Goose Creeks Project

In keeping with the Downtown Sheridan Association’s mission to preserve and enhance historic downtown Sheridan to ensure future prosperity, the DSA Goose Creeks Committee is committed to its own mission of improving the health and vitality of the Goose creeks and adjacent riparian areas that form the centerpiece of the downtown area.

The Goose Creeks Committee recognizes that the downtown sections of the Goose Creeks are a part of a greater watershed for which a broader management approach is necessary. The Goose Creeks Committee therefore strives to work as a partner with and encourage partnerships between community, state and federal organizations to improve and maintain the health and vitality of the greater Goose creeks watersheds. It is the goal of the Goose Creeks Committee to play an active and ongoing role in developing initiatives to achieve the stream-specific outcomes set forth in the Downtown Master Plan, the City of Sheridan Parks and Recreation Master Plan and the South Park Concept Master Plan.

Project Overview

When the town of Sheridan, Wyoming was founded at the confluence of Big Goose and Little Goose creeks, the two creeks were meandering streams with gravel beds and active floodplains. As Sheridan grew, damage from natural flooding increased, and in 1963 the US Army Corps of Engineers completed a flood control project to protect properties along the creeks, thereby changing the nature of the creeks. While the channel provides flood control, the creeks no longer adequately transport sediment, nor can they self-maintain the riffles, pools and other features that provide fishing habitat and pleasing aesthetics.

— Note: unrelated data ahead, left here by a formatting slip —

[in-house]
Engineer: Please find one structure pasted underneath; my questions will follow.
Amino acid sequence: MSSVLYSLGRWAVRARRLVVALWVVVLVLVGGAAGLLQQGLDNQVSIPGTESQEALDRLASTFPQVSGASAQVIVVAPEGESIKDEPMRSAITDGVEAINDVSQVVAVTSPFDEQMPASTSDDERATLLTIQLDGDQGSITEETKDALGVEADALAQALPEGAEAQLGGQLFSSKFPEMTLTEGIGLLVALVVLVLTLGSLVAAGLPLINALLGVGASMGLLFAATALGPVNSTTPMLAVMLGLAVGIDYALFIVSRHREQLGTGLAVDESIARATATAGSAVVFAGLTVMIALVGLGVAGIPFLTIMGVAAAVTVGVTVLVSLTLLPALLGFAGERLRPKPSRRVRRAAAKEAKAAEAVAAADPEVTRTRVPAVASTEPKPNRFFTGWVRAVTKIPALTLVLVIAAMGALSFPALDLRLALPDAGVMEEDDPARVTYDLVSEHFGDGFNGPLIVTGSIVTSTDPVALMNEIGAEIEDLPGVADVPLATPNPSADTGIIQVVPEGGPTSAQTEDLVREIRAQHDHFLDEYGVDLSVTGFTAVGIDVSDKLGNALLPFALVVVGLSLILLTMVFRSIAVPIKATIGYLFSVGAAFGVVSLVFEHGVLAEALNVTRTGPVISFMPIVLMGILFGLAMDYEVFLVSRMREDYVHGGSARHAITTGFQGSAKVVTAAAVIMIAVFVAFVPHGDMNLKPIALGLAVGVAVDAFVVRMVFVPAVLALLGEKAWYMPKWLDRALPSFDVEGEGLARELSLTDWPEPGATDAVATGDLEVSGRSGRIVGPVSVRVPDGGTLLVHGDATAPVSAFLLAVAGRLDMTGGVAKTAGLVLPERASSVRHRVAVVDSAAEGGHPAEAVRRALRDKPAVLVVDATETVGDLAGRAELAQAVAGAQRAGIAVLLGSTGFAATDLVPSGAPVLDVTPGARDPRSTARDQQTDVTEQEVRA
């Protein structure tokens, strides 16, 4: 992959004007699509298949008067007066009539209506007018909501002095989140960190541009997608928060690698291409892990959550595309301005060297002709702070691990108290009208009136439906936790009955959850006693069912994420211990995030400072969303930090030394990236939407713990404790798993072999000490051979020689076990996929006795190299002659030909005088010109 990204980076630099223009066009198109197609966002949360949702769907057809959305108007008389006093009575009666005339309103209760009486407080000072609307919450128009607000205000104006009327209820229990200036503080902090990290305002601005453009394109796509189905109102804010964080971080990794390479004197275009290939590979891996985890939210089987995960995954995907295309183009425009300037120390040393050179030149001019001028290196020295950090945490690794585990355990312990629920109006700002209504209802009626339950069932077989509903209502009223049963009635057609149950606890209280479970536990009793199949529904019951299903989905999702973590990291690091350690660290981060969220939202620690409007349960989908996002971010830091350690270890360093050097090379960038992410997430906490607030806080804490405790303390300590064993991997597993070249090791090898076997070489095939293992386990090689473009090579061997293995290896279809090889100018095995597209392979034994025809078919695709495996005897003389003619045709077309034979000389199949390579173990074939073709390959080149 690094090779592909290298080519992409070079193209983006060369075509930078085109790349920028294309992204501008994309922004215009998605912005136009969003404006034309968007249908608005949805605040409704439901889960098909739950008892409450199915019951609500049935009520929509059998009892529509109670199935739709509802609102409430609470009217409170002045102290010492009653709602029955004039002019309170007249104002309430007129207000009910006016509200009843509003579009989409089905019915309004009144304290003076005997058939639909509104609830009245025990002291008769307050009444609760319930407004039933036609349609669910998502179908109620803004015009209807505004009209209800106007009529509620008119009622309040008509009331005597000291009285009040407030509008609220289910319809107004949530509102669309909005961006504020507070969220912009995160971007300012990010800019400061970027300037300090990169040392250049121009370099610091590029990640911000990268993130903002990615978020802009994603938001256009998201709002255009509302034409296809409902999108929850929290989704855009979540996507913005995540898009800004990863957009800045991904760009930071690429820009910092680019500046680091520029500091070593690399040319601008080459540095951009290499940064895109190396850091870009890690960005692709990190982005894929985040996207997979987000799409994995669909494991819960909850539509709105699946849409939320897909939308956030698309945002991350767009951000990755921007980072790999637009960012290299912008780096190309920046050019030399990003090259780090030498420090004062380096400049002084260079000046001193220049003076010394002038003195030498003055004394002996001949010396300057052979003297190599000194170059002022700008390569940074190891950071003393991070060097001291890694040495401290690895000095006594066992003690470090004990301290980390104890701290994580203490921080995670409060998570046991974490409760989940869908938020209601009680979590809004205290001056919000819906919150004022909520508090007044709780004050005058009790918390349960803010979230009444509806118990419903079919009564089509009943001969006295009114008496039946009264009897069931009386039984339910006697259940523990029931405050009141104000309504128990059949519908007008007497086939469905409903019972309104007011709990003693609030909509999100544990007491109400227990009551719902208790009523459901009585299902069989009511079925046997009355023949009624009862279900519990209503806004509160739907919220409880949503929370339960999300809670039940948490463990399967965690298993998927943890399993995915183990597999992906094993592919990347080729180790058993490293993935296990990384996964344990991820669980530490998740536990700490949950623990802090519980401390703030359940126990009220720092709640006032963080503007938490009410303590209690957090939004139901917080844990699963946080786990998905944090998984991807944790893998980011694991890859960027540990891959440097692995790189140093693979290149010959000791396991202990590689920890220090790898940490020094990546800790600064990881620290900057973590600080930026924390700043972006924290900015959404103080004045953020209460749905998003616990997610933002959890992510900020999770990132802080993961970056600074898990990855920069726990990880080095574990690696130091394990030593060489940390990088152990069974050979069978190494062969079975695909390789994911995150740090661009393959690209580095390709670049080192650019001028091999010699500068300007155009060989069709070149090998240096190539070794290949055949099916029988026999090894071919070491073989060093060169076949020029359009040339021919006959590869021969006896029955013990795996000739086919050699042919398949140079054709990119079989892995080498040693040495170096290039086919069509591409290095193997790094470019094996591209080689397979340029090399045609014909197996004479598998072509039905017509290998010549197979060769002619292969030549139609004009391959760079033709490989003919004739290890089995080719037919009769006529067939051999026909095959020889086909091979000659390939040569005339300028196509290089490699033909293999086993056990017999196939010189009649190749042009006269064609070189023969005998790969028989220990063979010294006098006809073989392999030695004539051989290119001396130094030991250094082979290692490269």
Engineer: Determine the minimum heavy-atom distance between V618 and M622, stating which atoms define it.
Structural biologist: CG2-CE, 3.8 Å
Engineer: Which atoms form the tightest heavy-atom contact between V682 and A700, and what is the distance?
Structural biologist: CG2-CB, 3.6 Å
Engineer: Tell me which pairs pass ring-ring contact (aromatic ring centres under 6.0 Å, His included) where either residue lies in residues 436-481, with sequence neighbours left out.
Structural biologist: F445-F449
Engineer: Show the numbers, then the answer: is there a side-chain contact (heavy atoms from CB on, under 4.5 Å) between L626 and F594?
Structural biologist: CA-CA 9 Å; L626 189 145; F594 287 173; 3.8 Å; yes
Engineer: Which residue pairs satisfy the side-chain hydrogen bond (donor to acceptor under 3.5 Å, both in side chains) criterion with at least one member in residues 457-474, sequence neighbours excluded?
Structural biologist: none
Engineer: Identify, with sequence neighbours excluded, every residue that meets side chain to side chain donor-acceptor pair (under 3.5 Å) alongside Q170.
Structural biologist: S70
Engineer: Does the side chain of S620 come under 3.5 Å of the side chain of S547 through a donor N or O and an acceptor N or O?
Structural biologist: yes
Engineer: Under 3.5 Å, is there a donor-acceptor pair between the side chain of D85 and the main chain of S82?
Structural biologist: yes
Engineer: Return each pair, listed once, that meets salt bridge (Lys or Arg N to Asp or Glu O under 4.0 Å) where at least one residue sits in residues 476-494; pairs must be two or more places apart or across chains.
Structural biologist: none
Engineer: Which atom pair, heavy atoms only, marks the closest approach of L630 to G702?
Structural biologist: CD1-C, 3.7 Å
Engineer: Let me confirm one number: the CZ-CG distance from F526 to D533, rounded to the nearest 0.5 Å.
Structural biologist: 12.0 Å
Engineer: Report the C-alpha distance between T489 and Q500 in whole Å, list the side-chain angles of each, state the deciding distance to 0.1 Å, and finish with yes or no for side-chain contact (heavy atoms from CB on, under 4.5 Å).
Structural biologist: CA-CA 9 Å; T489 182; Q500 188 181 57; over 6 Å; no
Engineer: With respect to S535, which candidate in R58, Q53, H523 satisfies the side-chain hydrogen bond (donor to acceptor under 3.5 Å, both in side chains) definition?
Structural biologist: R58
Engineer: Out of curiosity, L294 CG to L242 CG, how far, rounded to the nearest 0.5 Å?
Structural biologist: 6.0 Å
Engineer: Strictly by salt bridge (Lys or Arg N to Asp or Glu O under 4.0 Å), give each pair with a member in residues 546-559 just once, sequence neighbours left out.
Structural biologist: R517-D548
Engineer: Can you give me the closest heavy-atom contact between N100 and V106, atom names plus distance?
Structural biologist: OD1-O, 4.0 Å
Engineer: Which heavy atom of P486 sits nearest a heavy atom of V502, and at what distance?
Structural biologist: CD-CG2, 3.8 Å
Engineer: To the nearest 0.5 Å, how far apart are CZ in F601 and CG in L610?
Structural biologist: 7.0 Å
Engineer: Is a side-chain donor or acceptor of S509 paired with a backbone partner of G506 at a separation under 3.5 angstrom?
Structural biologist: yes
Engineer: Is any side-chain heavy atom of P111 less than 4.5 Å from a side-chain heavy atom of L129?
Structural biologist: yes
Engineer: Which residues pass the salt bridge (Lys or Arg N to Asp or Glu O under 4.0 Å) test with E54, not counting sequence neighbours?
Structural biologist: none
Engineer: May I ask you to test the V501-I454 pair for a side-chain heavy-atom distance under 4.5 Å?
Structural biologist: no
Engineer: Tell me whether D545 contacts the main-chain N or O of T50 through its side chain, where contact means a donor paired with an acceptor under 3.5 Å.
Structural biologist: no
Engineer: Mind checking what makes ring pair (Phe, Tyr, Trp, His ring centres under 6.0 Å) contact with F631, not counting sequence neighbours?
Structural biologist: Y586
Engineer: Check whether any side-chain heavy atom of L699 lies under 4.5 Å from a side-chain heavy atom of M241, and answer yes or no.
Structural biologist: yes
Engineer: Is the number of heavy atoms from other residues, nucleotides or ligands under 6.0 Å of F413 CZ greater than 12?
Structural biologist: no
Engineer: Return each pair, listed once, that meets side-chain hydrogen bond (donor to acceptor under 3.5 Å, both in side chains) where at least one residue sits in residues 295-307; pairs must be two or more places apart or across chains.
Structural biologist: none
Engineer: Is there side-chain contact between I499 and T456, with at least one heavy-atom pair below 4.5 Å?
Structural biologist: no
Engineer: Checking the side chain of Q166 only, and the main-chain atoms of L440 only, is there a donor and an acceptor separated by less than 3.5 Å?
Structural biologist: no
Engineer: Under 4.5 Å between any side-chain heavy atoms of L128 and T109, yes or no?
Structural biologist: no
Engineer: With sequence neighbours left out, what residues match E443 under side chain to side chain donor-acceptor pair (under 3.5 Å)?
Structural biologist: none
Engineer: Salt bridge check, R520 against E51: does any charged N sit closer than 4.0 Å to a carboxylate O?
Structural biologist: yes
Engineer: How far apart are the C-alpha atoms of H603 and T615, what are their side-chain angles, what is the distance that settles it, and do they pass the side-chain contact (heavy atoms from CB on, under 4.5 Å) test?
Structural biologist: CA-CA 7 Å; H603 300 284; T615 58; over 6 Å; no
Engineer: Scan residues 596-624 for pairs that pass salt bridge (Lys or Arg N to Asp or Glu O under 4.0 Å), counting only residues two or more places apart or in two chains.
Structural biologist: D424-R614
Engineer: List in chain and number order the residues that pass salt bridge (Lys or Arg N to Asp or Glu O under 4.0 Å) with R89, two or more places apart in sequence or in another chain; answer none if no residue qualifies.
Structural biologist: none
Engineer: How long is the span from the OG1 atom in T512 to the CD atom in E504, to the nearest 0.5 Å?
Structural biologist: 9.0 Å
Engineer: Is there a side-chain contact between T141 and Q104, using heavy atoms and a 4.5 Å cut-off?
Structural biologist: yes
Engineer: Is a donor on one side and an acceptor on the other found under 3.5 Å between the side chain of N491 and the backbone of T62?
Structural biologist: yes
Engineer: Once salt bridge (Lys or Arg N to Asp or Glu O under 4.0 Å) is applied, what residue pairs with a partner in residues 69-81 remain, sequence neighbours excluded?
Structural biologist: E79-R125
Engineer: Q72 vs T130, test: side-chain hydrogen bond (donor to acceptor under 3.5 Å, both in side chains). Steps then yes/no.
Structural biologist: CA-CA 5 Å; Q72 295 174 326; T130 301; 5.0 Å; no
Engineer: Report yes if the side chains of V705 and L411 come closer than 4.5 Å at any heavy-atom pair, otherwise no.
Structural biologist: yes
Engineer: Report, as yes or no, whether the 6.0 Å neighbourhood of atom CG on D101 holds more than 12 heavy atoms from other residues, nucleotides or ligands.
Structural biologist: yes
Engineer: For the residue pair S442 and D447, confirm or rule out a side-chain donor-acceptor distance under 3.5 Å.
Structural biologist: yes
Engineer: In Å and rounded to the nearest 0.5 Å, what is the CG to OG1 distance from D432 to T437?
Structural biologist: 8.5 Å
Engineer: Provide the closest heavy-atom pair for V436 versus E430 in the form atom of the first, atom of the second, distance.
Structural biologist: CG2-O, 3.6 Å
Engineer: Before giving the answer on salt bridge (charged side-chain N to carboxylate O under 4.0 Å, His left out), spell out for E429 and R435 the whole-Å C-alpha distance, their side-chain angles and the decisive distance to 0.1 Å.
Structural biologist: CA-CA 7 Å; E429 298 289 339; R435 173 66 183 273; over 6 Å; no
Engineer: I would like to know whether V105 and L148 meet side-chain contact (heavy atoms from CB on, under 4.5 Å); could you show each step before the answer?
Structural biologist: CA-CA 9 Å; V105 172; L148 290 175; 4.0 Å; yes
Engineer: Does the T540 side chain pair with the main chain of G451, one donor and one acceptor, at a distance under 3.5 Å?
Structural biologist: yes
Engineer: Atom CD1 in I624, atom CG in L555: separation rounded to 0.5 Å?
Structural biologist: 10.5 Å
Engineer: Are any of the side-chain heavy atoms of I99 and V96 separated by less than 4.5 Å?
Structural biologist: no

In the 1960s, minimizing flood damage was the only goal for such river projects. Today, river projects are expected to take into consideration other goals such as fisheries, self-maintenance, aesthetics, and recreational uses. Rehabilitation of the Goose Creeks through Sheridan will accomplish several objectives:

  • Maintain current flood capacity
  • Decrease annual maintenance
  • Aid in water quality improvement efforts
  • Improve sediment transport
  • Increase fisheries habitat components including runs, riffles, glides, feeding lanes, cover, etc.
  • Enhance aesthetics
  • Tie to downtown and existing pathways
  • Provide public access to streams
  • Provide a public gathering place to enhance commerce and recreation, featuring historical signs, decorative lighting, benches, bike racks, and seasonal access.